100
hemoglobin heated for 4 cycles by MW or by C.V.H at 35, 48 and 54°C.
Figure 5.7 Fluorescence emission spectrum o f native hemoglobin at 25 °C,
101
excited at 280 nm.
Figure 5.8 Fluorescence spectra o f hemoglobin at 48°C using an excitation
103
at 280 nm after 4 cycles o f MW or C.V.H.
Figure 5.9 Fluorescence spectra o f hemoglobin at 54°C using an excitation
103
at 280 nm after 4 cycles o f MW or C.V.H.
Figure 5.10 Far UV CD spectrum hemoglobin at 25°C.
105
Figure 5.11. Far UV CD spectrum hemoglobin at 54°C after four heating
106
cycles, by MW or by C.V.H.
xiii
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LIST OF ABBREVIATIONS
2D
Two-dimensional
2D IR
Two-dimensional infrared
P-lg
P-lactoglobulin
CaF2
Calcium fluoride
CD
Circular dichroism
C.V.H
Conventional heating
D20
Deuterium oxide
DTGS
Deuterated triglycine sulfate
FSD
Fourier self-deconvolution
FTIR
Fourier transform infrared
Hb
Hemoglobin
IR
Infrared
MW
Microwave
Tm
Transition Temperature
UV
Ultra-violet
VT-FTIR
Variable-temperature Fourier transform infrared spectroscopy
AG
Free energy change
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CHAPTER 1
GENERAL INTRODUCTION
Ever since Underwood and Prescott instituted thermal processing o f foods in
1885, the food processing industry has examined different means o f its implementation.
The development o f freezing as a large-scale commercial entity took place in 1930s. The
later 1940s and 1950s were the years o f ionizing radiation. Processes such as hydrostatic
cooking and removing water from foods at low cost were expanded during 1960s
(Decareau, 1985).
Microwave heating was relegated to restaurant kitchens and to the laboratory uses
since its commercial development 1946 and it was not until the early 1960s when a useful
continuous radio frequency applicator system devised that its use gained popularity.
Microwave irradiation is a unique source o f energy because it produces heat that
penetrates deeply into materials being processed. This property results in significant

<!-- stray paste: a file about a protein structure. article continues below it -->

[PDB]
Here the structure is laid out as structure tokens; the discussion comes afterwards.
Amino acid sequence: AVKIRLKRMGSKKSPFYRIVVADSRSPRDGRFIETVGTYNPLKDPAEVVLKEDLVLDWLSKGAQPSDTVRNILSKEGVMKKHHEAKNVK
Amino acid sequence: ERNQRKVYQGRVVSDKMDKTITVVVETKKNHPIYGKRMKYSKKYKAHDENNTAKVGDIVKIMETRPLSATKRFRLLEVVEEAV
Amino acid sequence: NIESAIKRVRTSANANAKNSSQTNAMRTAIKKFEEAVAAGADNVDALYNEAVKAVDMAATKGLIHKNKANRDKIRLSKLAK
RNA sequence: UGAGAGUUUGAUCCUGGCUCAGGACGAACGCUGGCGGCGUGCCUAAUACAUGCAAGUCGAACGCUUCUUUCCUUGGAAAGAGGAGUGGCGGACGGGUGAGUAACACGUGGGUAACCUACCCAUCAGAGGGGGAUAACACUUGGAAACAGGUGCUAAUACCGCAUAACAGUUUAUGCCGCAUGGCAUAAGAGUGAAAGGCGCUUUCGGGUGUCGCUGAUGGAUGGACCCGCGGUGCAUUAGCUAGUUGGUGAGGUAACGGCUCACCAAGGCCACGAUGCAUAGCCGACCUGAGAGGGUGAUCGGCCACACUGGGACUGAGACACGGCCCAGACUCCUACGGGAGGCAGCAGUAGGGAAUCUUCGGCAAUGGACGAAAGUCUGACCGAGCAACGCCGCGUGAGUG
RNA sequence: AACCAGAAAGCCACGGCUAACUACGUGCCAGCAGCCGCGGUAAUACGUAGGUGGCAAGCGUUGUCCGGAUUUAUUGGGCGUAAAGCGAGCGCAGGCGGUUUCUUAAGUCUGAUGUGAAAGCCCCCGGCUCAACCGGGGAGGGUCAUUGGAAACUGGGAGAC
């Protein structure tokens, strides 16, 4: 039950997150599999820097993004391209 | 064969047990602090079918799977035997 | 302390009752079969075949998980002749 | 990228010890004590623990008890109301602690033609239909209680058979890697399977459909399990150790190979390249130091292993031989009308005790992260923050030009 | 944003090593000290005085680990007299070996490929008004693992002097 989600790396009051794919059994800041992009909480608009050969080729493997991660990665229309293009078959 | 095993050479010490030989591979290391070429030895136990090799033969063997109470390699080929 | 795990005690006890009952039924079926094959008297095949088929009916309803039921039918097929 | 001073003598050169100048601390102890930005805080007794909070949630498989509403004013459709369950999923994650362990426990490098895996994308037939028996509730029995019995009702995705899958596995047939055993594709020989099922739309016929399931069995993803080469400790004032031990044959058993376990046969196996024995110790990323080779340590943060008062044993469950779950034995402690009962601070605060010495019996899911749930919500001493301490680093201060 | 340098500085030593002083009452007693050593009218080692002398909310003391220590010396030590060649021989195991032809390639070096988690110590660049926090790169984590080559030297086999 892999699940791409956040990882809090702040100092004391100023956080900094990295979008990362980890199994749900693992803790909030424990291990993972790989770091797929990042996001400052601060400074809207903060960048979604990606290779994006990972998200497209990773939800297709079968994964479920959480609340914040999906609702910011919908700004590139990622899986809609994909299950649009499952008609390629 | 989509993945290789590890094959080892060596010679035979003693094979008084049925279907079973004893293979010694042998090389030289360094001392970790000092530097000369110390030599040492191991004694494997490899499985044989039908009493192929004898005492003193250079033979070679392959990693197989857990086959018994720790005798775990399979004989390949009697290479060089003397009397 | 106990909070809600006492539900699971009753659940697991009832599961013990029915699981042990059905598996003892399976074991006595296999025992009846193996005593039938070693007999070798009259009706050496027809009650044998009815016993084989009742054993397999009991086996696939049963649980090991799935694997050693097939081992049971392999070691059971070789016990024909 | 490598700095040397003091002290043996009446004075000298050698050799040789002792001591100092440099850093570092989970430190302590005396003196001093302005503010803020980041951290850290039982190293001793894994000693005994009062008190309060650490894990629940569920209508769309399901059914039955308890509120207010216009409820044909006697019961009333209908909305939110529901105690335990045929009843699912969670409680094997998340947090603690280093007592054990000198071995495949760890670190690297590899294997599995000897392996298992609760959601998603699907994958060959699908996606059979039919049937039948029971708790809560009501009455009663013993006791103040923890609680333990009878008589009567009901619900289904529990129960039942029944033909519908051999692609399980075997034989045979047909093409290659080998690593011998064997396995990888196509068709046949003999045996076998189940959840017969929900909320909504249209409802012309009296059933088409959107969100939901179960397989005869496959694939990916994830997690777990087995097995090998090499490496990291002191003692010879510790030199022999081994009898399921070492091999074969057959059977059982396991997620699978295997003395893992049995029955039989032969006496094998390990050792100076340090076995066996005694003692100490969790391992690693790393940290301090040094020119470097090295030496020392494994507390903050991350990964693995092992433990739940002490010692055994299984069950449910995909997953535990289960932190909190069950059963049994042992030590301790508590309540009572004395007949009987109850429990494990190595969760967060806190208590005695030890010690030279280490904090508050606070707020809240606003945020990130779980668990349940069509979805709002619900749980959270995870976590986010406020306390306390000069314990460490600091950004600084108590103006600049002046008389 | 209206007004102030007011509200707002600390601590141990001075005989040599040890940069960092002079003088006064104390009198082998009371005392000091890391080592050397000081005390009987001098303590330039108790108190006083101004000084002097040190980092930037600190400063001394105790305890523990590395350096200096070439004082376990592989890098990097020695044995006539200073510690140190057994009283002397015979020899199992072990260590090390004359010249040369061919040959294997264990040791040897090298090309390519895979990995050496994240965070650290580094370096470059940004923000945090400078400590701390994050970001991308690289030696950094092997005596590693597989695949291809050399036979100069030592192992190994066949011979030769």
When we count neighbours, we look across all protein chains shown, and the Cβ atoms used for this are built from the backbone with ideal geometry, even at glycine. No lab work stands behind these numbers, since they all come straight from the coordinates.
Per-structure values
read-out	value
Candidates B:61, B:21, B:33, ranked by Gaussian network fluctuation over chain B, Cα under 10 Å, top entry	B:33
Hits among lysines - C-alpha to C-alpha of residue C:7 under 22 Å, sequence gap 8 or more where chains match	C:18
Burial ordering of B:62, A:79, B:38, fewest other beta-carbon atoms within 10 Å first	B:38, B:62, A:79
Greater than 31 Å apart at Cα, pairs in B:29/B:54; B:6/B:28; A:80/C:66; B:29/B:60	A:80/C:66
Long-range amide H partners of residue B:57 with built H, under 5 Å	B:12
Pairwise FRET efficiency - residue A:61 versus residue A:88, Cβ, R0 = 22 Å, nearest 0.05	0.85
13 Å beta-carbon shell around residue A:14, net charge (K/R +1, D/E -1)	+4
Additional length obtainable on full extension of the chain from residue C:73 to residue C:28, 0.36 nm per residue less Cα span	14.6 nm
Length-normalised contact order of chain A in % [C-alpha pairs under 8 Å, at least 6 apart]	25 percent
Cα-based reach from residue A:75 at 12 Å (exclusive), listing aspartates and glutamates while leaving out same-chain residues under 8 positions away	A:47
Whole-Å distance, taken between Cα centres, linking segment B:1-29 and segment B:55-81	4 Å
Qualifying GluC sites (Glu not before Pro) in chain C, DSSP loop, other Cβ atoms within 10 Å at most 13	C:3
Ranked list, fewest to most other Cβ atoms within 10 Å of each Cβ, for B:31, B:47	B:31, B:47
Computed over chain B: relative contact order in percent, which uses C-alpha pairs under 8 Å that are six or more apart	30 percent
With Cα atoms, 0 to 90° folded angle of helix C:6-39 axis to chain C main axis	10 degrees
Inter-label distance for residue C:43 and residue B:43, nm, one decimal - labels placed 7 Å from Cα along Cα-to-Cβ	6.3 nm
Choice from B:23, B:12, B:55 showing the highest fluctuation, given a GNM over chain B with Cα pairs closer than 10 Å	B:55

reduction in thermal processing times often by as much as an order magnitude compared
to conventional heating methods (Decareau and Peterson, 1986).
Microwave processes have gradually achieved recognition by the food industry
for blanching, cooking, drying, pasteurizing, sterilizing, and thawing o f bulk food
products (Decareau, 1985) as it offers a considerable potential for swift and uniform
heating o f food products, reduced thermal inactivation o f nutrients, increased retention of
food quality factors and is more energy competent compared to conventional thermal
processes (Mudgett, 1986). Other advantages o f microwave and radio frequency heating
systems are that they can be turned on or off instantly, and the product can be pasteurized
after being packaged.
Industrial microwave processing of food did not develop rapidly due to lake o f
information on microbial safety and product quality. Furthermore, to this day there is a
^
controversy whether microwave inactivation o f microorganisms occurs via thermally
induced effects o f microwave treatment or whether a nonthermal effect o f microwave
heating exists. Although researches rebut any molecular effects o f electric fields
^
compared with thermal energy using classical axioms of physics and chemistry, numerous
1
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theories have explained how electromagnetic fields might kill microorganisms without
heat as summarized in a review by Knorr et al., 1994.
In latest decades, many studies have focused on different procedures, approaches,
techniques, biological systems and experimental designs to distinguish thermal and
nonthermal effects o f microwave heating to resolve this controversial question. This work
focuses on the use o f two protein-based model systems, P-lactoglobulin and hemoglobin,
to delineate the existence and mechanism o f nonthermal effects on protein unfolding
employing FTIR, circular dichroism (CD), and fluorescence spectroscopy to track
changes in protein conformation as a function o f microwave treatment. Two dimensional
correlation analyses will also be employed to establish the sequence o f event leading to
protein unfolding as a function o f conventional and microwave heating treatments.
Therefore, this thesis is structured in four main sections. The first is a review o f literature
concerning the microwave effects and proposed mechanisms o f these effects. The
subsequent chapters consist o f three papers which will be submitted for publication.
Chapter 3 addresses the existence o f a nonthermal effect o f microwave irradiation on
globular proteins (p-lactoglobulin) by comparing the effects microwave treatment to the
conventional heating on P-lactoglobulin in solution. Chapter 4 describes the sequence o f